One of the best walking tracks in New Zealand, though most people haven’t heard of it, the Hump Ridge Track is the equal of the famous Great Walks.
Picture the ideal New Zealand tramping (hiking) track. It’d have amazing views, scenic bush, snow capped mountains, tarns (mini alpine lakes), interesting rock formations, huge sandy beaches and historic sights. That’s pretty much the Hump Ridge Track in a sentence. Run by a charitable trust (benefiting the local community in Tutatapere) rather than DOC, it is far less well known than it should be. The upside is that it is far quieter than any of the Great Walks, despite being up to (and exceeding in many ways) their standard.
The Hump Ridge Track is a 58km, three day loop tackled in a clockwise direction to get the major climb done on the first day. It runs along the south coast of the South Island, with the majority of the track in Fjordland National Park (also home to the Routeburn, Milford and Kepler Tracks further north).
The first half hour was a pretty dull piece of track, but took me to the epic Bluecliffs Beach, which was deserted other than a few whitebait fisherman who live there. Walked 7km along the beach to the end before heading back into the bush.
Had a couple of dodgy moments then though. First my camera started playing up, not zooming or responding to pressing the buttons, which it had done for the first time last weekend. So I’d brought my old camera with me, only to find that it did this!
Which thankfully I managed to fix with a reset at the lodge in the evening, but did make me a little apprehensive for the rest of the day about my camera packing up (thankfully it didn’t). About five minutes later a misplaced foot resulted in this!
Thankfully things improved when I got to Fjordland National Park after Track Burn river, with some lovely forest, plus the longest stretch of boardwalk I’ve ever come across. Literally walked for half an hour before it stopped. Apparently 12km of the total track is boardwalk, great for avoiding mud and damaging the terrain, but a little easy / dull to walk along.
A rest was wise as the next section is the toughest of the track, on a par with the ascents on the Kepler and Routeburn, but after 15km of walking already that day, going up more than 600m in 7.5km is a reasonable push. The forest was pretty gorgeous though.
For those willing to pay more options include hot showers for $10, private rooms at the lodges, and for your bag to be helicoptered between lodges, truly glamping! I had a bunkroom designed for eight to myself anyway, as there were only five of us on the track the weekend before Christmas.
The best part though was the fully boardwalked loop track up above the hut which provided even more spectacular views, tarns (those mini alpine lakes), and probably the most unusual rock formations I’ve seen in New Zealand. I went up twice the day I arrived…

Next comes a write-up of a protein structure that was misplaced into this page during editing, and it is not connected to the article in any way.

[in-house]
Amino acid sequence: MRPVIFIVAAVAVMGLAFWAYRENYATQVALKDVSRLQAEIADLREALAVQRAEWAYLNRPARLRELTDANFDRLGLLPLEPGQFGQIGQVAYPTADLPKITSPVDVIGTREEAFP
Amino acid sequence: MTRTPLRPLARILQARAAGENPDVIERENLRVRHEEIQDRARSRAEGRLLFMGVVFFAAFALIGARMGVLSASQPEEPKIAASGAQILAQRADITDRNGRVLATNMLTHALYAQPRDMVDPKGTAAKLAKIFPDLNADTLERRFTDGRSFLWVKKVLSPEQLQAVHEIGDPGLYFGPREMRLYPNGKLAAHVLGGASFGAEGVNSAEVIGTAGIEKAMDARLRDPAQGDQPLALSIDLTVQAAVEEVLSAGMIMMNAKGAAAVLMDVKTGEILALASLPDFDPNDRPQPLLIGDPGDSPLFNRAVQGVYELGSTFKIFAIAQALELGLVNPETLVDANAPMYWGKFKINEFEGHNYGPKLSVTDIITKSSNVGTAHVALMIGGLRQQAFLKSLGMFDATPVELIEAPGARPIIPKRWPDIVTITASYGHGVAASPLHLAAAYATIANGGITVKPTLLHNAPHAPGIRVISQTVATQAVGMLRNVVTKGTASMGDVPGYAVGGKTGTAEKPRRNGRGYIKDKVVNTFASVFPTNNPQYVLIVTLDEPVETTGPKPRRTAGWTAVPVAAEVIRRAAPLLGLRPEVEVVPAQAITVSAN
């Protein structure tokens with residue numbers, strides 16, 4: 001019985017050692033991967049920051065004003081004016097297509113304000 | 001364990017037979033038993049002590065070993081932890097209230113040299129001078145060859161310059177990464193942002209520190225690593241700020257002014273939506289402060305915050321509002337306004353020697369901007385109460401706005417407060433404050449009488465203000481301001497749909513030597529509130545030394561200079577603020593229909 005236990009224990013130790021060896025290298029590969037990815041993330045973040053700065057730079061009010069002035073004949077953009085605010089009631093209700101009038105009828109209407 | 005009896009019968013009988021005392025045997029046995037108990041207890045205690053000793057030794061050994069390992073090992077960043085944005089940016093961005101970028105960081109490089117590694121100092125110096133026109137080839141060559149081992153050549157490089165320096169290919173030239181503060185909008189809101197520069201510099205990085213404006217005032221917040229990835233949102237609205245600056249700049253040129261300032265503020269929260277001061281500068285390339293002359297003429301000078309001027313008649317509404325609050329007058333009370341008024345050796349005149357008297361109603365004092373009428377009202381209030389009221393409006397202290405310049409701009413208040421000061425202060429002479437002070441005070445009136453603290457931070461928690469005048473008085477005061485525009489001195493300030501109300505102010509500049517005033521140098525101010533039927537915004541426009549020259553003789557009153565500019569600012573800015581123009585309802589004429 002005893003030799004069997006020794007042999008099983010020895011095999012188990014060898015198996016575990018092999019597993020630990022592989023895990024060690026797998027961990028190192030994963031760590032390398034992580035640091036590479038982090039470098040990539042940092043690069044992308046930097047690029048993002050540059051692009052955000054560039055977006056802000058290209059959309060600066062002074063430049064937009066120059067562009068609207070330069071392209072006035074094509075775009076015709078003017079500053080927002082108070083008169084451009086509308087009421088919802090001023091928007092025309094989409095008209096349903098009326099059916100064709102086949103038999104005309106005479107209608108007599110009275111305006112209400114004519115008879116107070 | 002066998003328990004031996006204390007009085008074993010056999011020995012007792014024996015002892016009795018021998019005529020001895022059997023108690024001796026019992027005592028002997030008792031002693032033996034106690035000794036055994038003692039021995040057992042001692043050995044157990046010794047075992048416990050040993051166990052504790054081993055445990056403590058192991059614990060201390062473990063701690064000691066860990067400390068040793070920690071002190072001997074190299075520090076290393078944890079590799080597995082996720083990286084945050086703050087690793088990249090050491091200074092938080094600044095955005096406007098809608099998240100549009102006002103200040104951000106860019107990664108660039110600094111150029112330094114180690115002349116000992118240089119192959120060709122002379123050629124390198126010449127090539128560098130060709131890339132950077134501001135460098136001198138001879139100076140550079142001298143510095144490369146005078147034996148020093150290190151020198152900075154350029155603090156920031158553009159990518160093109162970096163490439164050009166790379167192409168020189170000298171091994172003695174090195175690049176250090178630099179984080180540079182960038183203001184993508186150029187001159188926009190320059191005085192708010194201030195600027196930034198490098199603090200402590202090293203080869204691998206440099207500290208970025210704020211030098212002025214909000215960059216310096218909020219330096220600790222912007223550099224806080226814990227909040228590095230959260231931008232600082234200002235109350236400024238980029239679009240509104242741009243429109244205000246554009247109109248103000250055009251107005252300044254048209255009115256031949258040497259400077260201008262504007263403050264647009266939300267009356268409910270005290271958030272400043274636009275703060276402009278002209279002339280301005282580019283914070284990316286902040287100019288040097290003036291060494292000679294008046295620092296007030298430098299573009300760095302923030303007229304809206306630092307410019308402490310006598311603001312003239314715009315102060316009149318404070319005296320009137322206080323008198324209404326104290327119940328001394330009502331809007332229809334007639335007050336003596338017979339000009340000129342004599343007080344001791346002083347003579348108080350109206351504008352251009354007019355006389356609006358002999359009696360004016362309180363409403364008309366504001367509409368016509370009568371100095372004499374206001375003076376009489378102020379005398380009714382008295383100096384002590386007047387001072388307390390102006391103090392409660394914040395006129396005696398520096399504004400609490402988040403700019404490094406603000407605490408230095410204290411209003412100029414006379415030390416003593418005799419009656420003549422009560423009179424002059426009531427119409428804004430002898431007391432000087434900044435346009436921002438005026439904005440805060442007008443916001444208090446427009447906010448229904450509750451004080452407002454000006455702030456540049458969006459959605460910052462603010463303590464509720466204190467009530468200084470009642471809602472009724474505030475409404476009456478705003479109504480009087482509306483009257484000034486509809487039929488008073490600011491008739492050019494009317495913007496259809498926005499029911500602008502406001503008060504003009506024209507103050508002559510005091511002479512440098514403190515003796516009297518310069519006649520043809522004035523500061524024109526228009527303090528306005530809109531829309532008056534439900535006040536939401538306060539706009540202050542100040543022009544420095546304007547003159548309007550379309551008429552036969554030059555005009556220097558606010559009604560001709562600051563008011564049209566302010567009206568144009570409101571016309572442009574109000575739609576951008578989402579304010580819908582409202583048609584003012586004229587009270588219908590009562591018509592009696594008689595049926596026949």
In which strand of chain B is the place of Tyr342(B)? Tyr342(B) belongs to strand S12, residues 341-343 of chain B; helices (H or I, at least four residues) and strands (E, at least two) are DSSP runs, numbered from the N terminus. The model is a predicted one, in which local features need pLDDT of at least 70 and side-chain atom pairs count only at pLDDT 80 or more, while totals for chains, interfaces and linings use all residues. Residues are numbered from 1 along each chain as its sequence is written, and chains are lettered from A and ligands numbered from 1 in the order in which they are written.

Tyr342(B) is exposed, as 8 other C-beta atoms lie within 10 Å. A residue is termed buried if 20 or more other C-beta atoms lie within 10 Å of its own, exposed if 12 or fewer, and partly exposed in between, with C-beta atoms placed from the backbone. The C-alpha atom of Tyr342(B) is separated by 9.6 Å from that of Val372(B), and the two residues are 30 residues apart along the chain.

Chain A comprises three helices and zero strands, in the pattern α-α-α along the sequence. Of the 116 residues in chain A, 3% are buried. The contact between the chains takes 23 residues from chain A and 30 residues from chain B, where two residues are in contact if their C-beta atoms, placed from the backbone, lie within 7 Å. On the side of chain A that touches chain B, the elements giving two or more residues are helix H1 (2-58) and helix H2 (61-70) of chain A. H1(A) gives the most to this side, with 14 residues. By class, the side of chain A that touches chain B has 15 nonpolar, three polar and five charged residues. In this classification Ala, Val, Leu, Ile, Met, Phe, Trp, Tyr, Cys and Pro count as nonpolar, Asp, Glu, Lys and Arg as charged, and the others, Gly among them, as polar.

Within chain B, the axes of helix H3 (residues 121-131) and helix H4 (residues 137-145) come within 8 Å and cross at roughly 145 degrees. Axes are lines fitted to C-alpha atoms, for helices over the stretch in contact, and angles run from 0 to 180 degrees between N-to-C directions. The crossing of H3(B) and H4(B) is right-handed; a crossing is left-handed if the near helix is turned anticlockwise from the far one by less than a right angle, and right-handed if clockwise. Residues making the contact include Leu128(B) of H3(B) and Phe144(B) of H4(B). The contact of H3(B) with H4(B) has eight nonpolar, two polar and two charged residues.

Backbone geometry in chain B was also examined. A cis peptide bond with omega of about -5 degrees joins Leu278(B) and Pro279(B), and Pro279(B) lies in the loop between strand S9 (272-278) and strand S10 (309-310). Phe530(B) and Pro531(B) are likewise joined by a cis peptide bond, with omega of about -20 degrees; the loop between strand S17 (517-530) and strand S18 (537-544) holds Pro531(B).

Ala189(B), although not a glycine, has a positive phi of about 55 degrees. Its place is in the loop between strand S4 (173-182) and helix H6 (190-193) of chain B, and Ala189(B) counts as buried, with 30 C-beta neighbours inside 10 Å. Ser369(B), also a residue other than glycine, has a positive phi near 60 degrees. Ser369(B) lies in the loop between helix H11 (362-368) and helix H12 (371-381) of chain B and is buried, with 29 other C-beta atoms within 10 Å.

Setting off from Okaka Lodge after large quantities of porridge the track then followed the ridge line, descending reasonably steeply down toward the coast, with a noticeable difference in the foliage and some more epic views.
The historic part of the track then starts, as you join the old tramline along which they transported logs to the ill fated Port Craig mill. This area was the home of the most ambitious milling project in New Zealand history, which only lasted twelve years, until 1928. There are a number of impressive viaducts remaining though, starting with the impressive Edwin Burn viaduct, a pleasure to walk across, high above the river bed below.
The Percy Burn viaduct is possibly the largest surviving wooden viaduct in the world, 125m long and 35m high. You can’t walk over it but it’s still a hugely impressive sight in the middle of basically nowhere.
Port Craig itself is a fascinating place, one of the most interesting historic sites I’ve visited in New Zealand (and I’ve visited most of them by now). With an informative leaflet and signage I had a great hour exploring what remains of the mill and town. The best part was down on Mussel Beach, where the saw mill was located, now home to the remains of the wharf, a couple of carriages used to haul rocks to build the breakwater, and the remains of an old crane. It’s also a lovely spot, and home to the rare Hector Dolphins, which as the world’s smallest (about 1.6m long) are not very easy to spot!
In terms of difficulty the track itself is technically not challenging, but you will need to be fit enough for three consecutive 17-19km days. One way to lighten your pack is to buy food at the lodges, with the dehydrated meals pretty much the same price as you’d find them in the shops.
As the track is usually walked in one direction the only other people you’re likely to come across going the other way are on the little used South Coast Track which the Hump Ridge Track shares for half it’s length. In three days walking the weekend before Christmas I only came across three people on the track.
Tuatapere is the closest town to the track, 25 minutes drive away, and a pleasant place to spend a night. It’s an hour west of Invercargill and two and a half hours south of Queenstown (the route I took, flying down from Auckland), and home to some rather nice heritage buildings and a giant sausage!